S.C. 90 residents urged Horry County officials to slow development in their community until critical infrastructure is in place.
More than 200 people attended the Thursday night meeting at Tilly Swamp Baptist Church to discuss their concerns over growth along the two-lane highway.
As more homes are built and more people move to the area, residents are worried about recurring problems with flooding and traffic. They fear the county council will approve more rezoning requests — clearing the way for more subdivisions — without making the necessary infrastructure improvements first.
Several residents who moved to the Conway area a few years ago and enjoyed living here said they hate it now because the lifestyle they found so attractive has been disrupted by relentless growth.
“Developing is here; it’s inevitable," said Felicia Soto, who lives on Bear Bluff Road. "The question is what plans are all of you going to have in place, not only the county but those who are represented by the state. We need you to help us here on 90.”
Councilman Danny Hardee, whose district includes part of the S.C. 90 corridor, said widening the road to four lanes needs to happen, but finding the more than half-billion needed to do that will be difficult.
Councilman Johnny Vaught suggested taking an incremental approach. Instead of widening the entire road at once, he said the county could focus on widening and raising the road to reduce flooding in three “trouble spots:” Steritt Swamp, Tilly Swamp and Jones Big Swamp.
“Let’s fix the most critical stuff,” Vaught said.
Vaught told the audience that money from the council’s fire safety budget has been set aside for building a more than $2 million fire station close to the intersection of S.C. 22 and S.C. 90. He said it will operate 24 hours a day and have emergency medical services. It will take 18-24 months to complete. He said they look to announce it officially in a week.
Vaught also said the council has redrawn the flood maps for Horry County, taking into account the flood levels after Hurricane Florence in 2018.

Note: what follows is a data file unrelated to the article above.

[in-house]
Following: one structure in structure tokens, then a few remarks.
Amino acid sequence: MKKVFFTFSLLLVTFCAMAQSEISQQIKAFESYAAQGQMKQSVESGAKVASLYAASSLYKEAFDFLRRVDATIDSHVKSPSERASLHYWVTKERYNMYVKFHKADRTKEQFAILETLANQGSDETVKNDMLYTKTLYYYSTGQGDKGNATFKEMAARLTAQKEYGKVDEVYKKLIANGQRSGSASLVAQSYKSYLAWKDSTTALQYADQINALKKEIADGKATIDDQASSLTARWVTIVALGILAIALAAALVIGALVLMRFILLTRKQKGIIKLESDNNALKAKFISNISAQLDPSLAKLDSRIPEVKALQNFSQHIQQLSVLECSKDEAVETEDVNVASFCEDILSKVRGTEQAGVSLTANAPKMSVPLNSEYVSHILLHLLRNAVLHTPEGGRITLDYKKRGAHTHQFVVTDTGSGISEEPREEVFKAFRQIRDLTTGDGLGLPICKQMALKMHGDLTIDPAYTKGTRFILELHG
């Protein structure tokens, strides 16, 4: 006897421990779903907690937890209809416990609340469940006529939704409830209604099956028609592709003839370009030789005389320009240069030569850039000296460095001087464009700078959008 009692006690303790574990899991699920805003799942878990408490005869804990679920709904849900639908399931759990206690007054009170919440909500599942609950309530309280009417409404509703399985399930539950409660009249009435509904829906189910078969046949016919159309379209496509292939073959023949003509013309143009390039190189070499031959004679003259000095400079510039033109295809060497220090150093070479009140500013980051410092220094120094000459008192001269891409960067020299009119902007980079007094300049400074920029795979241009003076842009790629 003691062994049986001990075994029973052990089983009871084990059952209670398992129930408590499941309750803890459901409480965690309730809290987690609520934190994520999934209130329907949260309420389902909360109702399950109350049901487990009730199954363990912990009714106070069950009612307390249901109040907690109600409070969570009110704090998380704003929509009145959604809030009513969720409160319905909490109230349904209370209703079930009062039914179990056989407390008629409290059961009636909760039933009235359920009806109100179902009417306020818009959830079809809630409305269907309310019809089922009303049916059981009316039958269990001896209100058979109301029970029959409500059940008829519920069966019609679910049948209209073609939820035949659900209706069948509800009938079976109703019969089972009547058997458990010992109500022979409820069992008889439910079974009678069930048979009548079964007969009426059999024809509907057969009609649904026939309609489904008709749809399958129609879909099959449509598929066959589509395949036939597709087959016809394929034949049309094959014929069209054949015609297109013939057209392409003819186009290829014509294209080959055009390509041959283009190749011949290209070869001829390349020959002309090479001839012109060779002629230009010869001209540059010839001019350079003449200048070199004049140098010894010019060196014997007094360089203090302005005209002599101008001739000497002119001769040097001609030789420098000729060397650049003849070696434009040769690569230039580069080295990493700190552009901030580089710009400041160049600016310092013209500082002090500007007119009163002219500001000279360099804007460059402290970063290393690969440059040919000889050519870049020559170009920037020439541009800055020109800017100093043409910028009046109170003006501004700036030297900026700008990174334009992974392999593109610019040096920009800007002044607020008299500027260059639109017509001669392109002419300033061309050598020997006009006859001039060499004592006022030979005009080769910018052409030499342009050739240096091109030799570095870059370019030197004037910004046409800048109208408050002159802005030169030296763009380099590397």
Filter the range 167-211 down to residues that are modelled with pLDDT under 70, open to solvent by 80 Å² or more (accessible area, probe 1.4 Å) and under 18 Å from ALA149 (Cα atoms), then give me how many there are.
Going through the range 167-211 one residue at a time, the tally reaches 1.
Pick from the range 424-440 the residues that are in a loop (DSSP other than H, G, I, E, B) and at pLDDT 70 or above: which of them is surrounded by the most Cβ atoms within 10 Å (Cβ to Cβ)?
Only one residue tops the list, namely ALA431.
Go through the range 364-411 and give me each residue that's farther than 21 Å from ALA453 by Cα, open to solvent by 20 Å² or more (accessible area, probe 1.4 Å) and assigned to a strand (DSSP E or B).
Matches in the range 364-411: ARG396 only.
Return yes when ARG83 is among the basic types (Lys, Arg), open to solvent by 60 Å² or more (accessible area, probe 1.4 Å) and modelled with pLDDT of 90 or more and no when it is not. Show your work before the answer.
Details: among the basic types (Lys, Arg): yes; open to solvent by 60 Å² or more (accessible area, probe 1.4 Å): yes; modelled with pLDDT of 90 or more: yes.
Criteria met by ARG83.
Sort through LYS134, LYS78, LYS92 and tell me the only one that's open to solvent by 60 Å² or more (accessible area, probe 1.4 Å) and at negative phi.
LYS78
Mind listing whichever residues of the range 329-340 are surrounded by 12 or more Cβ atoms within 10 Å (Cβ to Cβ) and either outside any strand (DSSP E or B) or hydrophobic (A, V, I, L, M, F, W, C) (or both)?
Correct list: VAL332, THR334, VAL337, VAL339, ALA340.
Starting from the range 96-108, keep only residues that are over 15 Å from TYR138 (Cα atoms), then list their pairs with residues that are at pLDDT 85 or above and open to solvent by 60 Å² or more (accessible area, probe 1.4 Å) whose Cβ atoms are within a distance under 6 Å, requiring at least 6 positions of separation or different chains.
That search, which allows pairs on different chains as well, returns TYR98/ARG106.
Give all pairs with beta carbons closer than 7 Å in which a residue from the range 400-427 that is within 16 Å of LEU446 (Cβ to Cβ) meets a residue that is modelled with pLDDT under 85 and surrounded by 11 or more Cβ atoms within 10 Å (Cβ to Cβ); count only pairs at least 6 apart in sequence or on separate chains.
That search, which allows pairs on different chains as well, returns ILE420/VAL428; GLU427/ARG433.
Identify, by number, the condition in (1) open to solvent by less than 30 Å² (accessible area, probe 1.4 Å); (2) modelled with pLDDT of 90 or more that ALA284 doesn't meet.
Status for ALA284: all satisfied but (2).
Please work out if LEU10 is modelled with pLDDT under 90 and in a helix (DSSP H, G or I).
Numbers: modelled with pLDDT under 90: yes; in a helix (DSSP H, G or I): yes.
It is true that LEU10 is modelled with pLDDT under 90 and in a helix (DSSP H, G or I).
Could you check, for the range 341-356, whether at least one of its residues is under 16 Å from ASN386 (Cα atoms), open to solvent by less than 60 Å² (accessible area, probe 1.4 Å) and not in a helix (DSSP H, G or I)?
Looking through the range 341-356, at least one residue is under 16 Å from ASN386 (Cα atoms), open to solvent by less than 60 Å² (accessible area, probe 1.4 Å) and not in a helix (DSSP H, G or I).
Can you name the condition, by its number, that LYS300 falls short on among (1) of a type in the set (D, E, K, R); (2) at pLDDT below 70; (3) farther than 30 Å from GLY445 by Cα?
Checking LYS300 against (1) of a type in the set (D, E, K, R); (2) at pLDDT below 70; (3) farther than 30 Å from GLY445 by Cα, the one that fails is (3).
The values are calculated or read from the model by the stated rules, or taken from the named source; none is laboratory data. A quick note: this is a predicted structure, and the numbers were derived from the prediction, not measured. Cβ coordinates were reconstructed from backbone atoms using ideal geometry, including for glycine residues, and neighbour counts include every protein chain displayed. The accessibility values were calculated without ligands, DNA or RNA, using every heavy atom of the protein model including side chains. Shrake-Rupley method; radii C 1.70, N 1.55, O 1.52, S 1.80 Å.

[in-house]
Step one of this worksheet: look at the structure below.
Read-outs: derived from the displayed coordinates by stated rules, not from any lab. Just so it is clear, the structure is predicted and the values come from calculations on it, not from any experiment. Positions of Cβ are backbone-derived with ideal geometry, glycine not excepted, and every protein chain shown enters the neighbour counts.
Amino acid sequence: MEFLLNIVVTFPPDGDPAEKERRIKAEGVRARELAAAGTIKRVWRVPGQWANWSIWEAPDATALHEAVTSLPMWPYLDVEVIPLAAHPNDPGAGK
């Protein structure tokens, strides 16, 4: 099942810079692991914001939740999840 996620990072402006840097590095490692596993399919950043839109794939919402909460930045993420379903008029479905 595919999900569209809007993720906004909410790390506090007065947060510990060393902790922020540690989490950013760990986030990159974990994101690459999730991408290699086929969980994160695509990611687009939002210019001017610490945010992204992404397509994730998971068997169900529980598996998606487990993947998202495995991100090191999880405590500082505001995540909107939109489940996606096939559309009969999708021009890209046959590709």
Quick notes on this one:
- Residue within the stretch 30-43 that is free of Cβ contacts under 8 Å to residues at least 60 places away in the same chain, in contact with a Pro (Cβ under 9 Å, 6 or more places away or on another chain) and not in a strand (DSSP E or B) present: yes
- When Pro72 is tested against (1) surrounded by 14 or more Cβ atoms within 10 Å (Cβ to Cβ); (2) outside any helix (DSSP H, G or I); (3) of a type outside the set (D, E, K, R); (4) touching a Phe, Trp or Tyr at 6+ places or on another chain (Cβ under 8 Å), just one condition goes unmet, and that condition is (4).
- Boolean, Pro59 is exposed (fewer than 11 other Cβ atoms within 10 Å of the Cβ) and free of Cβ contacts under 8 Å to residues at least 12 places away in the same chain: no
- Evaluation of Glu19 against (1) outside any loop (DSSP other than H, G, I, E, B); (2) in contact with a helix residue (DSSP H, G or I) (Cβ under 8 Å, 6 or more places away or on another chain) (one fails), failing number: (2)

Several residents asked what the county could do to help alleviate the recurring flooding. While expanding the road will help with traffic, they are worried what the consequences will be if more concrete is laid down and more trees are uprooted.
Vaught explained that all developments have to have a stormwater plan to help contain and manage stormwater during heavy rains.
Vaught said they have had difficulty in the past with acquiring easements to carve ditches around people’s property to clean them out. However, he said they just passed an ordinance that would allow them to condemn that specific area of land so that they could get their equipment there and work on them. They will also be looking at dragging the rivers to remove debris that impedes water flow.
Kurt Starks, who lives off S.C. 90 and is within a quarter mile of the S.C. 22 interchange, said the S.C. Department of Transportation (SCDOT) removed infrastructure in front of his home that has caused flooding problems.
“Last year, my wife and I spent over $17,000 out of our own pocket to reduce flooding coming off Highway 90, which was destroying the front of our property,” Starks said. “We’ve been in touch with everybody imaginable. We sent out certified letters to our council members; we got no response. We heard the vote this council just put forth expecting us to pay more money for flood control. How much more, as homeowners, do we have to pay to stop the flooding on Highway 90?”